Competitor interrelationships among business units

Competitor  interrelationships  are   present  when   a firm actually or potentially competes with diversified rivals in more than one business unit. Any action taken against multipoint  competitors  must consider the entire range of jointly contested businesses. In addition, a firm’s competitive advantage vis-a-vis a m ultipoint  competitor  depends  in part on the interrelationships that both have achieved. The competitive position of a multipoint competitor is often more  a function of its overall position in a group  of related industries  than  its market share in any one industry because of interrelationships. While multipoint competitors and interrelationships  do not necessarily occur together, they often do because both  tangible   and  intangible   interrelationships lead firms  to follow parallel diversification paths.

Figure 9 – 4 .    Corporate   Competitor   Matrix

Identifying existing multipoint  competitors  is relatively easy with a diagram such as that shown in Figure 9 -4 . For the firm shown in Figure 9 -4 , competitors A, B, C, D, and E are m ultipoint competitors. The other competitors are single point, but represent potential multi- points.   Analysis   of  the   figure suggests   that  business   units   2 and 3 are   in strongly   related   industries,   because  four  competitors  compete in both industries. The  presence of many  competitors  in two industries is a relatively strong, though  not  perfect, indication  that  they are related. The relatedness of industries is also a clue to predicting which firms are the most likely potential m ultipoint competitors. Given the apparent  relationship  of the industries  in which  business units 2 and 3 compete, competitor H may be the most likely potential multipoint competitor.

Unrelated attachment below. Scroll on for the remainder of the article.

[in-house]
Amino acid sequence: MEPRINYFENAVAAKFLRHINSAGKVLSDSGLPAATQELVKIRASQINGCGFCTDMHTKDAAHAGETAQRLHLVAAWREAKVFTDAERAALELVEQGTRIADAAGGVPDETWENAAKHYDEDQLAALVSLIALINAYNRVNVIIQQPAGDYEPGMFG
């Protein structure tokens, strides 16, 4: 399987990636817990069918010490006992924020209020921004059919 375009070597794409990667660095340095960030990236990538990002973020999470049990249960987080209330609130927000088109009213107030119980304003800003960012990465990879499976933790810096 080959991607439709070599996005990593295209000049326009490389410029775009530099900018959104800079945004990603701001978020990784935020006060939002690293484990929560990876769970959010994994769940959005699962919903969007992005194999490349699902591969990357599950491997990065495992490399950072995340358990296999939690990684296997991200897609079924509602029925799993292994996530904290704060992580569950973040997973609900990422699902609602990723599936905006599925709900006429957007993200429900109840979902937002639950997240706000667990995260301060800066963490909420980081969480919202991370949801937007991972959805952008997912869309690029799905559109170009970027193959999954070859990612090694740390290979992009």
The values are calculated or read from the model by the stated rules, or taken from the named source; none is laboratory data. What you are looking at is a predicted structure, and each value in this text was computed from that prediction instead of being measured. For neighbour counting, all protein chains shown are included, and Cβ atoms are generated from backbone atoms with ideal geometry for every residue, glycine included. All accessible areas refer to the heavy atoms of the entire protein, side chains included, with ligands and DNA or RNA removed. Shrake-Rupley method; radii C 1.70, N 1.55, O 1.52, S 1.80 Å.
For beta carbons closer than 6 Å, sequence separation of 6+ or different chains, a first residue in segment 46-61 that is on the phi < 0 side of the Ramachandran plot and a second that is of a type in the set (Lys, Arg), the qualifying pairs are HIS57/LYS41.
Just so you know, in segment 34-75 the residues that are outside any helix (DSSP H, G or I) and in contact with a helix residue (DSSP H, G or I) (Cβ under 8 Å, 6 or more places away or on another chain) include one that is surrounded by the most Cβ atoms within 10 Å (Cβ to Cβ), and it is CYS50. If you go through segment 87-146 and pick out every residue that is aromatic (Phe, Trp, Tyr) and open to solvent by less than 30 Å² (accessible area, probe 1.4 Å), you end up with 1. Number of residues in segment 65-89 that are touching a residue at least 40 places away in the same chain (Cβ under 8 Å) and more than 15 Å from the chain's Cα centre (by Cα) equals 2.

Table 9 -6 shows the m ultipoint competitor matrix  for the con­ sumer paper products sector in 1983, along with each firm’s year of entry. It is clear that competitor interrelationships are numerous and that they   have increased   significantly   over time,   particularly  during the 1960s and   1970s.   We would observe a similar pattern  in many other groups of industries. The pattern  of competitor interrelationships in the table will be discussed further below.